Alan Hiddleston – Manager, Corporate Sales EMEA
Not so long ago, membership organisations offering training would have arranged face-to-face events. This guaranteed member engagement – once on-site, learners would commit to the session – but availability and cost was always a challenge and training reach could be limited by geography.
Digital learning has changed all that. Now, courses can be accessed remotely, which is convenient for learners and gives membership organisations the opportunity to provide value-add training to members in a flexible way.
The benefits of digital learning are clear: it casts a wider net for membership organisations and makes valuable content and resources available to more members. Meanwhile, learners get to undertake bitesize digital learning on their own terms, at their own pace.
These are compelling reasons to embrace e-learning but in doing so, there are a number of important factors to bear in mind.
More than just offline to online
Organisations should think about what it takes to deliver fully engaging digital learning experiences, because there’s more to successful e-learning than simply taking face-to-face training content and putting it online.
To begin with, consider the classroom experience from the perspective of both learners and tutors: there’s usually a back-and-forth – an exchange of ideas, thoughts and knowledge; questions are asked, understanding is checked. Tutors can see if attendees are engaged and they can adapt their delivery according to the spoken and unspoken feedback they receive.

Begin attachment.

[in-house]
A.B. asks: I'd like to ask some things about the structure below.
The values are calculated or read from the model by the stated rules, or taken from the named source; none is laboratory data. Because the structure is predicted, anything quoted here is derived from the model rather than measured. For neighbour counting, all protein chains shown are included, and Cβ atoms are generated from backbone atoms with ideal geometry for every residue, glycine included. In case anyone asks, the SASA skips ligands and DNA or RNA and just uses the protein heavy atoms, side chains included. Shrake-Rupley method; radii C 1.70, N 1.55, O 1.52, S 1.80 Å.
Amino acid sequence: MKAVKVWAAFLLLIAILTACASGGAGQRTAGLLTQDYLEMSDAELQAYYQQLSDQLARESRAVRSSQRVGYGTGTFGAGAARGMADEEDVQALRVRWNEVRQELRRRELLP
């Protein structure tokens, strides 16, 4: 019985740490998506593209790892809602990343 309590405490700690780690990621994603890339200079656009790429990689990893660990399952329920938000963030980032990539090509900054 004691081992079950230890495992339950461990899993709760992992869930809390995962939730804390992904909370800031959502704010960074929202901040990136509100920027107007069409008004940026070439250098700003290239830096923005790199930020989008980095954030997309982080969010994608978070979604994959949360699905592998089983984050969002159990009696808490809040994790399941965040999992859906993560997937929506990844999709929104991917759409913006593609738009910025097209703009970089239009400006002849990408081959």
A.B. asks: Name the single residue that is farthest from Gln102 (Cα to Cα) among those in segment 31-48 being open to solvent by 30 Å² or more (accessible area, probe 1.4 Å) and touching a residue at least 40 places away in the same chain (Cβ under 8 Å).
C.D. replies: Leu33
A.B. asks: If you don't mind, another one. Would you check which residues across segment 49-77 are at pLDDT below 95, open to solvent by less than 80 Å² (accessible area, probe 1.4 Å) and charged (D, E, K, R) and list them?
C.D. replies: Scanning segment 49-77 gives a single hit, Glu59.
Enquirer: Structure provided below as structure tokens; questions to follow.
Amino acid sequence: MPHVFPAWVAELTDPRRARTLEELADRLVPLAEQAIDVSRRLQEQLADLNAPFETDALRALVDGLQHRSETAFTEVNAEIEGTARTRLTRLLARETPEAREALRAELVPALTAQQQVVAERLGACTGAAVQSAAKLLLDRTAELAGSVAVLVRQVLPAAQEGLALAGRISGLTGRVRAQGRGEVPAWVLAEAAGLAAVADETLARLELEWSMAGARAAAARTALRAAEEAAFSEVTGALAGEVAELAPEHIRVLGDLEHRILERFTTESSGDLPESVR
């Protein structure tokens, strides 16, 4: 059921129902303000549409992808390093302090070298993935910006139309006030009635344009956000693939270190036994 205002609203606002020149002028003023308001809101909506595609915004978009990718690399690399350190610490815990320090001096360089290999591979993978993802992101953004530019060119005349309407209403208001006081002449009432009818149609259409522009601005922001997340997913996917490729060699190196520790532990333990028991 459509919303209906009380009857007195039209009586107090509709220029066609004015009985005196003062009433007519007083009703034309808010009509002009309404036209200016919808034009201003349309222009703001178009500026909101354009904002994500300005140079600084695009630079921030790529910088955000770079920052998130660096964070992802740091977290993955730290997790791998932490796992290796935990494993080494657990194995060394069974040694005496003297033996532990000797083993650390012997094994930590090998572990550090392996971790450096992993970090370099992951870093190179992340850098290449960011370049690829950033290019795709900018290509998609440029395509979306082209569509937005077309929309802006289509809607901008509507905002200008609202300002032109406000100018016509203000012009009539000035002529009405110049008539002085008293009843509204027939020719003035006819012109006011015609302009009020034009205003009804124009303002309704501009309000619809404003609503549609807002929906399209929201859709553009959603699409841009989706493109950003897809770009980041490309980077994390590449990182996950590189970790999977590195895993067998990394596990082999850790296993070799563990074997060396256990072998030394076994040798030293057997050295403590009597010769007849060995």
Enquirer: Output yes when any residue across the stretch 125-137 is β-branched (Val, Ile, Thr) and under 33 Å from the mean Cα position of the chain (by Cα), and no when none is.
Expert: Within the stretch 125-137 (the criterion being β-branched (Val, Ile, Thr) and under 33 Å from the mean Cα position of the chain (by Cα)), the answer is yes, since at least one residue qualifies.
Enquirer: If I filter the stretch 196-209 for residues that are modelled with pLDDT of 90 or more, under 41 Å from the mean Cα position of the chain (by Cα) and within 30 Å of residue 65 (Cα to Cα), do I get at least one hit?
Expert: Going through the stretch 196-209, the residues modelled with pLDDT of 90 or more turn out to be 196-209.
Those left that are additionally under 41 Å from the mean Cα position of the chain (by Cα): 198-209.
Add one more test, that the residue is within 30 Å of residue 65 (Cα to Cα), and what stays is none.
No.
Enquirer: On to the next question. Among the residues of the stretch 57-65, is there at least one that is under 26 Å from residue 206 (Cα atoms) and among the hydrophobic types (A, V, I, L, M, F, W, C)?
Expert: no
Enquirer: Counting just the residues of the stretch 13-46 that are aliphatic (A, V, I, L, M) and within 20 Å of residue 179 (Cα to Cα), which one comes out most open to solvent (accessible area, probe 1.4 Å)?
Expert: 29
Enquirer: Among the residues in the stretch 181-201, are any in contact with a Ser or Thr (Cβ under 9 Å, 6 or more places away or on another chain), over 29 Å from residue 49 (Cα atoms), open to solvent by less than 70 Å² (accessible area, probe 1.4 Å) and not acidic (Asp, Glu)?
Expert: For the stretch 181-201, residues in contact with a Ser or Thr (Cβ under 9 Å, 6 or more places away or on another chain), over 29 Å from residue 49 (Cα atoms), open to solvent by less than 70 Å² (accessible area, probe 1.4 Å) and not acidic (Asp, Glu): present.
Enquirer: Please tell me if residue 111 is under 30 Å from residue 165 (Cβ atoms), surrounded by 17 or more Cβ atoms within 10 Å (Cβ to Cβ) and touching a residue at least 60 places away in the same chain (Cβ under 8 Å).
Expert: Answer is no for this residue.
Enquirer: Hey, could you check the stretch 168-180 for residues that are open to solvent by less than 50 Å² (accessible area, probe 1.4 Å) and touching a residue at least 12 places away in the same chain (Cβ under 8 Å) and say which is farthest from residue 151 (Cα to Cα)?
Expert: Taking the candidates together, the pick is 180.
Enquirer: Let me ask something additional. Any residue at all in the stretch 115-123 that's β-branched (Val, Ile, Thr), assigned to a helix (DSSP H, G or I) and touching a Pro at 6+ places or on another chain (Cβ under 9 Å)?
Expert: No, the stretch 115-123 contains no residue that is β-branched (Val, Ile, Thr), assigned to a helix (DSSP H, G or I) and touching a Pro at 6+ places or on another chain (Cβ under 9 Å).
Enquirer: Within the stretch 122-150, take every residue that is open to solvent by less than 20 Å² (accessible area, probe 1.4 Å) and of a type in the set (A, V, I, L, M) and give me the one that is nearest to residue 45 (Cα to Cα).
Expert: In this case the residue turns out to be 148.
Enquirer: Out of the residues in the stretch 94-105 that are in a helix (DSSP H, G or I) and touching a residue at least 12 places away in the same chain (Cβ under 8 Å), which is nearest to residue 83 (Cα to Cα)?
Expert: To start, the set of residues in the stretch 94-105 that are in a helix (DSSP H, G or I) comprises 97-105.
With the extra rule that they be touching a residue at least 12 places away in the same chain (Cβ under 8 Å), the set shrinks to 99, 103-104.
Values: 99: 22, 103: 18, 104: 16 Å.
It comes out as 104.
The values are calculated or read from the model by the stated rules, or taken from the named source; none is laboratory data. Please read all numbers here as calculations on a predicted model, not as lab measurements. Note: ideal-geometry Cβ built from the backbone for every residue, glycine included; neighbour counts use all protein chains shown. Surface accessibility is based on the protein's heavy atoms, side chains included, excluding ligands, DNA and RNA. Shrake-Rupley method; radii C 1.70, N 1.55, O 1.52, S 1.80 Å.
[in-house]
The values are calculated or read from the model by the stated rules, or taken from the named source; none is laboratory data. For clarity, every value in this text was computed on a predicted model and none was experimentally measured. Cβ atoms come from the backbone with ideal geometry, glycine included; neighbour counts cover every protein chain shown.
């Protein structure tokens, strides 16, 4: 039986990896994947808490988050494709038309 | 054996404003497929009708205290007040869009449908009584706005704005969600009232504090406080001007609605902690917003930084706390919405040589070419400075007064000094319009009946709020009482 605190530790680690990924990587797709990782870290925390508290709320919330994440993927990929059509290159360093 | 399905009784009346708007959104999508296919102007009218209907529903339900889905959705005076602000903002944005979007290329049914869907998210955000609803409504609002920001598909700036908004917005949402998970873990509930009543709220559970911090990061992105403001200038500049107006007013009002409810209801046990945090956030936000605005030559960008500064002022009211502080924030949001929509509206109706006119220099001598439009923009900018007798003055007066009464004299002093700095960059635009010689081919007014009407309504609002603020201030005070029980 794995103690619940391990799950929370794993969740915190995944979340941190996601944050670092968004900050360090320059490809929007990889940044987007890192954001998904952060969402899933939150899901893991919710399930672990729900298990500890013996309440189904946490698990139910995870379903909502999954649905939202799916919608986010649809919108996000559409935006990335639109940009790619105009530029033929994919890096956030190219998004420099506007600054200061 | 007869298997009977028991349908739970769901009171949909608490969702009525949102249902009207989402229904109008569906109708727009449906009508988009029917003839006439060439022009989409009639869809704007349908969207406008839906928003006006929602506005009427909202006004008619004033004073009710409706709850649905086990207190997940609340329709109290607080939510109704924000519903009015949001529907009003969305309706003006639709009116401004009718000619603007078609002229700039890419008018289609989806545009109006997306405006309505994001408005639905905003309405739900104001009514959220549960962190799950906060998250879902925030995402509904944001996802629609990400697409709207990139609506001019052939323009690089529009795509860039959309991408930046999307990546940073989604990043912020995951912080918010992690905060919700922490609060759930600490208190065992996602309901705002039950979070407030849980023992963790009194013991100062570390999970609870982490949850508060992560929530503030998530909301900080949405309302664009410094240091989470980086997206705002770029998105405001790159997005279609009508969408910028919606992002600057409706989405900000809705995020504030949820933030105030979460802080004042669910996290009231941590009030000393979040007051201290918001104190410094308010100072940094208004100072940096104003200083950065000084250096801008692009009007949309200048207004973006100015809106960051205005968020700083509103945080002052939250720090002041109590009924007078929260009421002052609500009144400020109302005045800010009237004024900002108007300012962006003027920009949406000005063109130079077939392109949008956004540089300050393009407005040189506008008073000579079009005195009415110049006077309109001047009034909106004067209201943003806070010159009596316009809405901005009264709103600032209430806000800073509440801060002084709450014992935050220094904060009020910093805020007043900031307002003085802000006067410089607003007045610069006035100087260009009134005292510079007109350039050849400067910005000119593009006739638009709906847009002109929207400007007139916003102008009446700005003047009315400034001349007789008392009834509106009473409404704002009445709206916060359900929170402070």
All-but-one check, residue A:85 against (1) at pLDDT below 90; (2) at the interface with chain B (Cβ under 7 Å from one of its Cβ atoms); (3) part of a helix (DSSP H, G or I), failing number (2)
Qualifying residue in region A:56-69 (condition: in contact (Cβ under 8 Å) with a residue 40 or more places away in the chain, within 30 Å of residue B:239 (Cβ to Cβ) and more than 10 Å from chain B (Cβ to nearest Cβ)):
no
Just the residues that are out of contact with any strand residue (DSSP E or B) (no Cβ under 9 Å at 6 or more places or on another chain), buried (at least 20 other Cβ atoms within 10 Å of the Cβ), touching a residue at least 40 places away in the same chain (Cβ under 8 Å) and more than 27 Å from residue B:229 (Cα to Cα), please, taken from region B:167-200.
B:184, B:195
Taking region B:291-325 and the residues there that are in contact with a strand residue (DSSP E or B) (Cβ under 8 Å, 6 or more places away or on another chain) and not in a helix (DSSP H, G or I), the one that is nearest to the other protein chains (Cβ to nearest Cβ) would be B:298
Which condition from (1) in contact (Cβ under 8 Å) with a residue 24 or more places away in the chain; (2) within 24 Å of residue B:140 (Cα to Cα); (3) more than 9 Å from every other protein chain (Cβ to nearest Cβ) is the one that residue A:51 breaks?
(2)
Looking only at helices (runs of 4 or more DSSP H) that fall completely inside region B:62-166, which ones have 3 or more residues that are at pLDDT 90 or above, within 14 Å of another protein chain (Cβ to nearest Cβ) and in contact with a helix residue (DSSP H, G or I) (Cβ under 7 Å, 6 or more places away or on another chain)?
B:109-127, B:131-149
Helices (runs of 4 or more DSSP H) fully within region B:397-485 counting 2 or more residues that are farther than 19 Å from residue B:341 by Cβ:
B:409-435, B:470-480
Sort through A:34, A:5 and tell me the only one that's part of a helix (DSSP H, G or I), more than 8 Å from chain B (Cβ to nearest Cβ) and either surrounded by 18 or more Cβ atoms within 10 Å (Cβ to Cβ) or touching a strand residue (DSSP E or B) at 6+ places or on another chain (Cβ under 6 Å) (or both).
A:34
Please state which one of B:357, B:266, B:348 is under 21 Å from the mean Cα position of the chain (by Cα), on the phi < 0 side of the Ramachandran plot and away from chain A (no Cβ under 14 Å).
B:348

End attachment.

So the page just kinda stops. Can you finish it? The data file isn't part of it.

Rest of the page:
Online learning needs to emulate everything that’s good about this classroom experience by being social, supporting the application of learnt skills through real-world practice, and enabling collaboration. Through the modern learning platform, all this is possible.
Engaging individual learners
Next, consider motivation and engagement. Just reading text on a screen is not going to sustain most learners’ attention. Instead, e-learning should tap into successful digital models to deliver a familiar and exciting online experience that engages and motivates learners. This is known as gamification: the application of tools and techniques – such as progress tracking and reward and recognition – often used in game design. It can be used to great effect in technology-enabled training programmes.
Lastly, give some thought to the individuality of members. When they’re learning, they’re not all going to start with the same level of knowledge, and they won’t all learn in the same way. The modern digital learning experience recognises this and is flexible in content delivery to meet learners’ individual needs. This can include providing access to additional resources if learners are struggling.
For employers, when organisations provide learning digitally they gain the scope for detailed insight into their employees’ progress through learning analytics. Data is captured within the learning programme and this also means that leaders and administrators within membership organisations can see clearly what works and what doesn’t, which is ideal for continuous improvement of the training offering.
Membership organisations are rich with knowledge and content. They have an ideal opportunity to transition from classroom-provided learning to e-learning to impart this knowledge to members in a way that meets their modern-day expectations of a learning programme. In doing so, they can expand the availability of learning to all members – globally – extending the influence of the organisation beyond its domestic market and meeting members’ demands for convenient, engaging training.
For a more in-depth view on how to transform learning to deliver a flexible, engaging experience for members download our ebook – Connecting with the new generation of membership: how associations can use next-generation learning engagement to create value for the millennial professional.
D2L is the provider of the leading LMS, Brightspace. D2L has over 20 years working in the LMS market across Corporate and Higher Education.